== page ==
At a Parish Council meeting the other night, that pesky question was asked yet again. "Are the children learning their catechism?" One of our older parishioners said "I mean, can they answer 'who made me?'"
That question is troubling for many reasons. Our parish has used a lifelong, inter-generational approach to faith formation for the past ten years, emphasizing the philosophy that it's the adults in our parish who need the most faith formation- that all members of the parish (not just those under the age of 16) need to grow in their faith, and that if we have a strong, faithful adult community, the children will "catch" the faith. But old habits die very slowly. Every generation, I suppose, asks that question in some form or another: "will the kids of today get what I got?"
The good news is that the answer to the catechism question, even with the change in philosophy, is YES. We are consistently amazed that the kids in our program know a lot about their faith, can answer questions and remember what they've been taught... but also, it's amazing how joyful they seem in church, actually happy to be there. We hear from a few people each year that their kids are upset when they have to miss a session. This past month I heard from a mother who said she was sick on Sunday morning but her kids said "But... we ARE going to GOF, right?" and from another parent who said that they attended last month's makeup session instead of attending a school activity that night. I don't know if the people of my parents' generation- the Baltimore Catechism generation- would have skipped a secular activity for a Church one by choice, but I know that I would never have chosen a CCD class over... anything.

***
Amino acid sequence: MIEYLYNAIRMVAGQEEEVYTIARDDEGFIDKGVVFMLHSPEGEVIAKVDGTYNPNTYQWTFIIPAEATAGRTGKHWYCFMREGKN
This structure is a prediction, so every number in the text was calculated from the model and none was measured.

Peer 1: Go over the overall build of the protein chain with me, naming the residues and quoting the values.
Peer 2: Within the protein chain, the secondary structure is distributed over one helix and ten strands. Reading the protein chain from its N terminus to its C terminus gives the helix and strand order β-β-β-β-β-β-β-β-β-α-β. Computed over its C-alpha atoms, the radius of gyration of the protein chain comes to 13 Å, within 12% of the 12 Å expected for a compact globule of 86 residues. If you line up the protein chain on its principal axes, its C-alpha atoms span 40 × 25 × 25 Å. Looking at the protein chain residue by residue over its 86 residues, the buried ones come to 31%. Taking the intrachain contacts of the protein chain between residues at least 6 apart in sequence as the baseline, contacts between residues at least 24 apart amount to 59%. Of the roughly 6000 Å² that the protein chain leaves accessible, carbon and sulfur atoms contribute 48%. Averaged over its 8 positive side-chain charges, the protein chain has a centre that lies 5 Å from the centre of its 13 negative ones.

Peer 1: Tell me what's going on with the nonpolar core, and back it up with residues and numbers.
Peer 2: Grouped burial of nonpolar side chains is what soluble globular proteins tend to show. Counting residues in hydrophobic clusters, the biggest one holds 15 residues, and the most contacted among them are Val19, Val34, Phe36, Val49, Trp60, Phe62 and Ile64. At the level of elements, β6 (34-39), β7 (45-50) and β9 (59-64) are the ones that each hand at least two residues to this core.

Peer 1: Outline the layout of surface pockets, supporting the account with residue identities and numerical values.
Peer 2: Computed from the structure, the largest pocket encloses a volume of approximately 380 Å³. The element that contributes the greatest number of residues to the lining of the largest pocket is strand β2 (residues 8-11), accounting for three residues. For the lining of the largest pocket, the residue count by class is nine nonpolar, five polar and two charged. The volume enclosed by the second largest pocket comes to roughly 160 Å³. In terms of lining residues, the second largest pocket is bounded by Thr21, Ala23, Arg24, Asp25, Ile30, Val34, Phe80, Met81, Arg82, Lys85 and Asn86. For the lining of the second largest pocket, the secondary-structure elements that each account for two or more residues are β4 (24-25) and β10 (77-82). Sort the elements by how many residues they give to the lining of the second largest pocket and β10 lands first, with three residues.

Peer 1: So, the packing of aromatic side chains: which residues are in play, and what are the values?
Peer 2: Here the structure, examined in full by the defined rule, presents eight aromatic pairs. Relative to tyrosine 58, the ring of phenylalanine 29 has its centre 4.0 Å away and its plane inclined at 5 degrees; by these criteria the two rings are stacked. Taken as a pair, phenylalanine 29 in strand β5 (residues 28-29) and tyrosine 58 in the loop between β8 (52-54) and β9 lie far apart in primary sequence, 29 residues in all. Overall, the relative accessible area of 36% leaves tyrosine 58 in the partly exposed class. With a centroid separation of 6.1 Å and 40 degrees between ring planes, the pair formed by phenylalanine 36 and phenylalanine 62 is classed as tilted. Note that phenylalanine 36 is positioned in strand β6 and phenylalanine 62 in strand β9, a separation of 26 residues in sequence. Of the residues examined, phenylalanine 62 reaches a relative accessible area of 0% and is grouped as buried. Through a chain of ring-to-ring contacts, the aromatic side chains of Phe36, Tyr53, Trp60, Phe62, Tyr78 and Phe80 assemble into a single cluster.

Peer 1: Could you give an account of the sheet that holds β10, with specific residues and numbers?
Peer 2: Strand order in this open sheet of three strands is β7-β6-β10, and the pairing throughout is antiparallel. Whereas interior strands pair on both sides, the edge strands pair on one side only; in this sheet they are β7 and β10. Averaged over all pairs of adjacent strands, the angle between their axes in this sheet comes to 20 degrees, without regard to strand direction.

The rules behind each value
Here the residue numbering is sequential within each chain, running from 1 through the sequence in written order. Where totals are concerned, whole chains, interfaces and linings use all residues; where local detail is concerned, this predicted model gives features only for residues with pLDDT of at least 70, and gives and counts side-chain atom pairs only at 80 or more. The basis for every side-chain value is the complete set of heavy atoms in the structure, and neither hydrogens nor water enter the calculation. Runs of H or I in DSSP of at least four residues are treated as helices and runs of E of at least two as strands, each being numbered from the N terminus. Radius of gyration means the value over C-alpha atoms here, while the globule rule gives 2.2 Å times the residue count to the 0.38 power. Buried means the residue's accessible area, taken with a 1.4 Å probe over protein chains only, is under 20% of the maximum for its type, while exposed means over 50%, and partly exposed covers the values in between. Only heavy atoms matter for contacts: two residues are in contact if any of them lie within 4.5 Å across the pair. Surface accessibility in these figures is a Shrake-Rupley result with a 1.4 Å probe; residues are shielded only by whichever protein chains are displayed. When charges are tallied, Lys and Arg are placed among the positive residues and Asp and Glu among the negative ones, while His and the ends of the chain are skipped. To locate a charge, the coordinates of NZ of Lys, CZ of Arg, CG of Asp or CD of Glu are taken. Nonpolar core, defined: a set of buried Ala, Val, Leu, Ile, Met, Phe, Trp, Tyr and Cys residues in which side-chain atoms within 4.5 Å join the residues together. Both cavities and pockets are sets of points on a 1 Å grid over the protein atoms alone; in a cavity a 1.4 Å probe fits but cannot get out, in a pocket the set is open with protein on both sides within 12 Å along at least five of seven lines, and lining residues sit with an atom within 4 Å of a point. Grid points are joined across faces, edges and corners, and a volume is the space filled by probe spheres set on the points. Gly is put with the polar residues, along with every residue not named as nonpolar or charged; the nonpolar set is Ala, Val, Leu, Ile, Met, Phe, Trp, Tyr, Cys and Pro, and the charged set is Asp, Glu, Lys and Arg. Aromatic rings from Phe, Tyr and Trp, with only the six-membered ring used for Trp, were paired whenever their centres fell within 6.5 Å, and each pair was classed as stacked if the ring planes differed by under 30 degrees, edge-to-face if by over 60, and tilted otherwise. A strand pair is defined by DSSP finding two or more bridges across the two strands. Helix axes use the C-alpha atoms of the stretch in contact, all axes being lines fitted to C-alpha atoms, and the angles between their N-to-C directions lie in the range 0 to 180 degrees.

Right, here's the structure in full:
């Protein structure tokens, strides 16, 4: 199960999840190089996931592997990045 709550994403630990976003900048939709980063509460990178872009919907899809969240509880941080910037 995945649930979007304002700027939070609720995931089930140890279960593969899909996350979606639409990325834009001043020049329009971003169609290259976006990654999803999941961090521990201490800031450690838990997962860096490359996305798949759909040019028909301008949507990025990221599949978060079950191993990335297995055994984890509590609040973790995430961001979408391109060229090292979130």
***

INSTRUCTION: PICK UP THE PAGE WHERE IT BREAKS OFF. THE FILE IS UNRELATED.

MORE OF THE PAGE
In my day, the Church was bouncing far away from the Q&A format of faith formation, believing it to have created un-critical followers who could answer all the questions but did not know Jesus. We were raised on love and crafts, the far side of the pendulum swing, very little doctrine or dogma. We learned that Jesus loved us, and little else.
Which brings us back to that question. Which is better? Knowing your faith by rote, or feeling it by heart? I think that the difference is in the life-long-ness of this model. We can take the luxury of spending time on kids' hearts, knowing that there's time for the knowing later, when (let's face it) they're more ready cognitively to handle concepts like consubstantiation. We have a whole lifetime. It's not a matter of dogma OR love. It's a hard-struck balance.
The other night (on my way home from this Parish Council meeting, in fact) I tuned in to Catholic radio on Sirius, and heard Cardinal Dolan talking to Fr. Robert Barron. They were talking about the new Pope, and about how much the world might be learning about the Church from seeing him, from seeing our process for electing him, from seeing our reactions. Fr. Barron said "you don't start out to teach a kid about baseball by outlining the infield fly rule. You expose the kid to the beauty of the game, and eventually, the fly rule comes to make sense."
I believe that the best place to start for faith is heart-first. If we want people to know God (who is Love), we must focus on relationships and the stories of our faith. In life and in faith we learn who we are through the relatives we encounter, the love we receive, the stories we share, and the traditions we carry on from generation to generation.